When Frank Castiglione proposed to Alice Durante on their second date in 1952, she waited two months to say yes.
The North Hills couple, who will celebrate their 65th wedding anniversary on Sept. 12, met in the Paramount Pictures offices in Times Square late in 1951.
After a few weeks of seeing each other around the office, Frank, who was head of the newsreel division, asked Alice from the contracts division to see a movie and have dinner with him for Valentine’s Day 1952.
A year and a half later, the couple were married.
“They still hold hands,” their daughter, Linda Scaturro, said. “They still speak very lovingly about each other. I know that if anything were to happen to either of them, the other one would be really lost. To have a partner for almost seven decades is an achievement that’s unheard of.”
When they met, Frank was a United States Navy veteran from World War II and had recently finished his business degree from City College of New York on a scholarship. He began pursuing his degree shortly after graduating from high school at 16 before joining the Navy and returning to college after he left in 1946.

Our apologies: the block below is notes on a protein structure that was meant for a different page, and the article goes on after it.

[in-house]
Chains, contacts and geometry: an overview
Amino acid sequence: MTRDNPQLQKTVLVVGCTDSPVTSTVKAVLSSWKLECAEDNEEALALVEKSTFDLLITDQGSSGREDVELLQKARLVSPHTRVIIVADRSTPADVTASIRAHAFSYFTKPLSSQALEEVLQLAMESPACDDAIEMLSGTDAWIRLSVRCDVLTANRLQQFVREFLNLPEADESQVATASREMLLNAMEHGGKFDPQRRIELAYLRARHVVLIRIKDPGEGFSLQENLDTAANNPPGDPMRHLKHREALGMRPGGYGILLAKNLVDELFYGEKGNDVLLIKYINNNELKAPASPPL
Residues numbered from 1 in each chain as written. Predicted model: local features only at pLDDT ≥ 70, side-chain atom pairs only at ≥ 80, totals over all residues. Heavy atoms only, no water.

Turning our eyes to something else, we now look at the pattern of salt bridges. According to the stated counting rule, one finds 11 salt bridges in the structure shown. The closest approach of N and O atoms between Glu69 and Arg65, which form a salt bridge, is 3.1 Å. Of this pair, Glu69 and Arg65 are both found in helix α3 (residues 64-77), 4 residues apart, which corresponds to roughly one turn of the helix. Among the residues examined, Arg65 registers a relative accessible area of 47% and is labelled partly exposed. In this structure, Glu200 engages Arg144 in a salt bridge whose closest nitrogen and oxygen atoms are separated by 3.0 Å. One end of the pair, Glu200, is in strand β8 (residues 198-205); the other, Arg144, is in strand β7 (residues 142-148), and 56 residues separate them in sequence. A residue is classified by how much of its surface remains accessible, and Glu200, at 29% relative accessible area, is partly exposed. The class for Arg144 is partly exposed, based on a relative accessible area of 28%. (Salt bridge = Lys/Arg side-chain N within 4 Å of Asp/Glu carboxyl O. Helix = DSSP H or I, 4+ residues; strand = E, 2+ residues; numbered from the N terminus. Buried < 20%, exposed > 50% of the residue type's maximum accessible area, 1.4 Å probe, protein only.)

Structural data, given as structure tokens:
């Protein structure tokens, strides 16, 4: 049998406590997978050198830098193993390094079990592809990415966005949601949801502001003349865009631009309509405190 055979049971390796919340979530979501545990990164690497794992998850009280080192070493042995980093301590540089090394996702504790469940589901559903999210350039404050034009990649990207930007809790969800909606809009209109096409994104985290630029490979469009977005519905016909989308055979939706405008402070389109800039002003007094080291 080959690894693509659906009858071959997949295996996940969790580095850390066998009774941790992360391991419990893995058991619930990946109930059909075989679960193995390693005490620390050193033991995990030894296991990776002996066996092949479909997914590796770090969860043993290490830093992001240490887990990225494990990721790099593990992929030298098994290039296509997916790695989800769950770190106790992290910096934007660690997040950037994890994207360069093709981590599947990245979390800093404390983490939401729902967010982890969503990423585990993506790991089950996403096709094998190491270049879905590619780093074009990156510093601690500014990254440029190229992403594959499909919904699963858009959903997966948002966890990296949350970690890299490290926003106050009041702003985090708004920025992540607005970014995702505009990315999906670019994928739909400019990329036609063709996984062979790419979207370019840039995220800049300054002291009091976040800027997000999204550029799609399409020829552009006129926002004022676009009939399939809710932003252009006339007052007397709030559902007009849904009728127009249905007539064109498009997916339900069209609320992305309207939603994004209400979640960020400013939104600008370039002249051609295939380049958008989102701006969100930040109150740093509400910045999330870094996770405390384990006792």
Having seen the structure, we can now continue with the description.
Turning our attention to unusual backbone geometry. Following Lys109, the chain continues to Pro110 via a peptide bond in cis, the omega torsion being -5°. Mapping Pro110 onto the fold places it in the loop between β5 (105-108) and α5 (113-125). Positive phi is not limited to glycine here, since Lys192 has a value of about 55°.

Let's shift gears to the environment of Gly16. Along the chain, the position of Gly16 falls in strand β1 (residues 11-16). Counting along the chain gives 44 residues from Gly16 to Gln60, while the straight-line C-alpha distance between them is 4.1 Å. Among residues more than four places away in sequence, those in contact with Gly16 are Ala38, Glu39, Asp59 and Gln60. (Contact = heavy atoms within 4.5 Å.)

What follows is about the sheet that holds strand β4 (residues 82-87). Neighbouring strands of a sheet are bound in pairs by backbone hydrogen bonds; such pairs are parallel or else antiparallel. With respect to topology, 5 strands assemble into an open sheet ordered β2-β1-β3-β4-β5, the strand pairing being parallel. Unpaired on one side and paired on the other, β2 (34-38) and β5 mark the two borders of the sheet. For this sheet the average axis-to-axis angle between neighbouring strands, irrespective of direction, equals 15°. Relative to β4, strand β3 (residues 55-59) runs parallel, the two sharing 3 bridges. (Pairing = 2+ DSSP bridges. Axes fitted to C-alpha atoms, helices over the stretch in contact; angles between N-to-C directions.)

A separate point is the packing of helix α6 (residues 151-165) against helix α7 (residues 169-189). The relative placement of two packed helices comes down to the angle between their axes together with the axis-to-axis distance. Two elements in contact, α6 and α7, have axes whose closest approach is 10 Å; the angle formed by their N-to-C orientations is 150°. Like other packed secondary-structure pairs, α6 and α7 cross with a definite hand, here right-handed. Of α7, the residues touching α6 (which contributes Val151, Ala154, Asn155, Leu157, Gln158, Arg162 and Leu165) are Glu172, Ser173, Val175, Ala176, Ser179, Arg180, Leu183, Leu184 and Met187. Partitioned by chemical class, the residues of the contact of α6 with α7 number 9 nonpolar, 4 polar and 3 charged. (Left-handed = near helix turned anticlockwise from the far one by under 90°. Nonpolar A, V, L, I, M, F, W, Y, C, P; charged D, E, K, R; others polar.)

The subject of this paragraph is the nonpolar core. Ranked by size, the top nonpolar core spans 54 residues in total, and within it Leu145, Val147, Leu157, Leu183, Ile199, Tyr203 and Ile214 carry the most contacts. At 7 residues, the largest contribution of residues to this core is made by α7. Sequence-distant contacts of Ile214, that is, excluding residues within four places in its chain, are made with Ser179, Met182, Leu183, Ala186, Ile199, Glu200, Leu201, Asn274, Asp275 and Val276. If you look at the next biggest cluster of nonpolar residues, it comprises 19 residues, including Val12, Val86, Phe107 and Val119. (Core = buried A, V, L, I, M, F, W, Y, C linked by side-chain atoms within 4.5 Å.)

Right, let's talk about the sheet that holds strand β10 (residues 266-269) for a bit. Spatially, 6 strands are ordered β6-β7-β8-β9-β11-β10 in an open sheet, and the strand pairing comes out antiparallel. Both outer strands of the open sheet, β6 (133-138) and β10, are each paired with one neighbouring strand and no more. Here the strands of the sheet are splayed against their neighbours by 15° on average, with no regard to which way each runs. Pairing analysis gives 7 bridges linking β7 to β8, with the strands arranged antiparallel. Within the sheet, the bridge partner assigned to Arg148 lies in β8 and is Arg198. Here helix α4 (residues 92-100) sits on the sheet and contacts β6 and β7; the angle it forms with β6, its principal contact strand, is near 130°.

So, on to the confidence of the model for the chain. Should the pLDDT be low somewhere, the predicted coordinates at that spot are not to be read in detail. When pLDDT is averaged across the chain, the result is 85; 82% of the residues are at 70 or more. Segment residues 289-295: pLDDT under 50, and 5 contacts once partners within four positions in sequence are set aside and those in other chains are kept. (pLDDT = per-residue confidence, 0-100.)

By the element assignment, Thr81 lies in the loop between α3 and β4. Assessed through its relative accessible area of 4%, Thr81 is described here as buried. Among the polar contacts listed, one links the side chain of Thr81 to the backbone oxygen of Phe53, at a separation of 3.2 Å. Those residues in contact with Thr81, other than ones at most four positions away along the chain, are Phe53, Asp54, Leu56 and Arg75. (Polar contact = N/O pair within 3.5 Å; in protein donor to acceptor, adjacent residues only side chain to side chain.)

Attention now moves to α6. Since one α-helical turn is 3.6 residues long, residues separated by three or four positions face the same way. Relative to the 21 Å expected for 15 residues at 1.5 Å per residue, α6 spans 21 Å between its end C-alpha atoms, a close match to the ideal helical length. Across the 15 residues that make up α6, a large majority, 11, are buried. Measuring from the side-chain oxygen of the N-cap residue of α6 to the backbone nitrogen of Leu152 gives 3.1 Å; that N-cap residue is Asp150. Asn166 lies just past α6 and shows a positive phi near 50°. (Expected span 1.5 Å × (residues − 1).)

The couple was married at St. Robert’s Church in Bayside and celebrated afterward at Forest Hills Gardens Hotel.
Their first apartment together was in Fresh Meadows, Alice said, and at first they were concerned about whether they would be able to pay the bills for the $74-a-month home.
When asked what advice he would give to young men and women getting married today, Frank said, “You have to try to be of equal minds and agree to disagree sometimes. You don’t want to carry any grudges.”
Alice said the key to their longstanding relationship is communication.
The couple has two children, Frank Peter Castiglione and Scaturro, as well as five grandchildren, all on Long Island.
Alice, who has always put a large emphasis on family, said the couple has been on 33 cruises to different locations around the world, including many trips to Italy.
Scaturro said her parents’ “loving and supportive relationship” helped inspire her and her younger brother as they grew into adults, molding their relationships with their spouses as well as their children.
“They’re loyal to each other,” Scaturro said. “That’s something that’s lacking in a lot of relationships. It’s easy to be there when things are going well, but it’s not so easy to be there when they aren’t. They showed an amazing loyalty and determination to stick together through thick and thin.”
Scaturro said the family still tries to have dinner together every Sunday because of the tradition her parents began decades ago of prioritizing family over work and social events.
“Through the ups and downs, they were always each other’s advocates,” Scaturro said. “They are always there for each other.”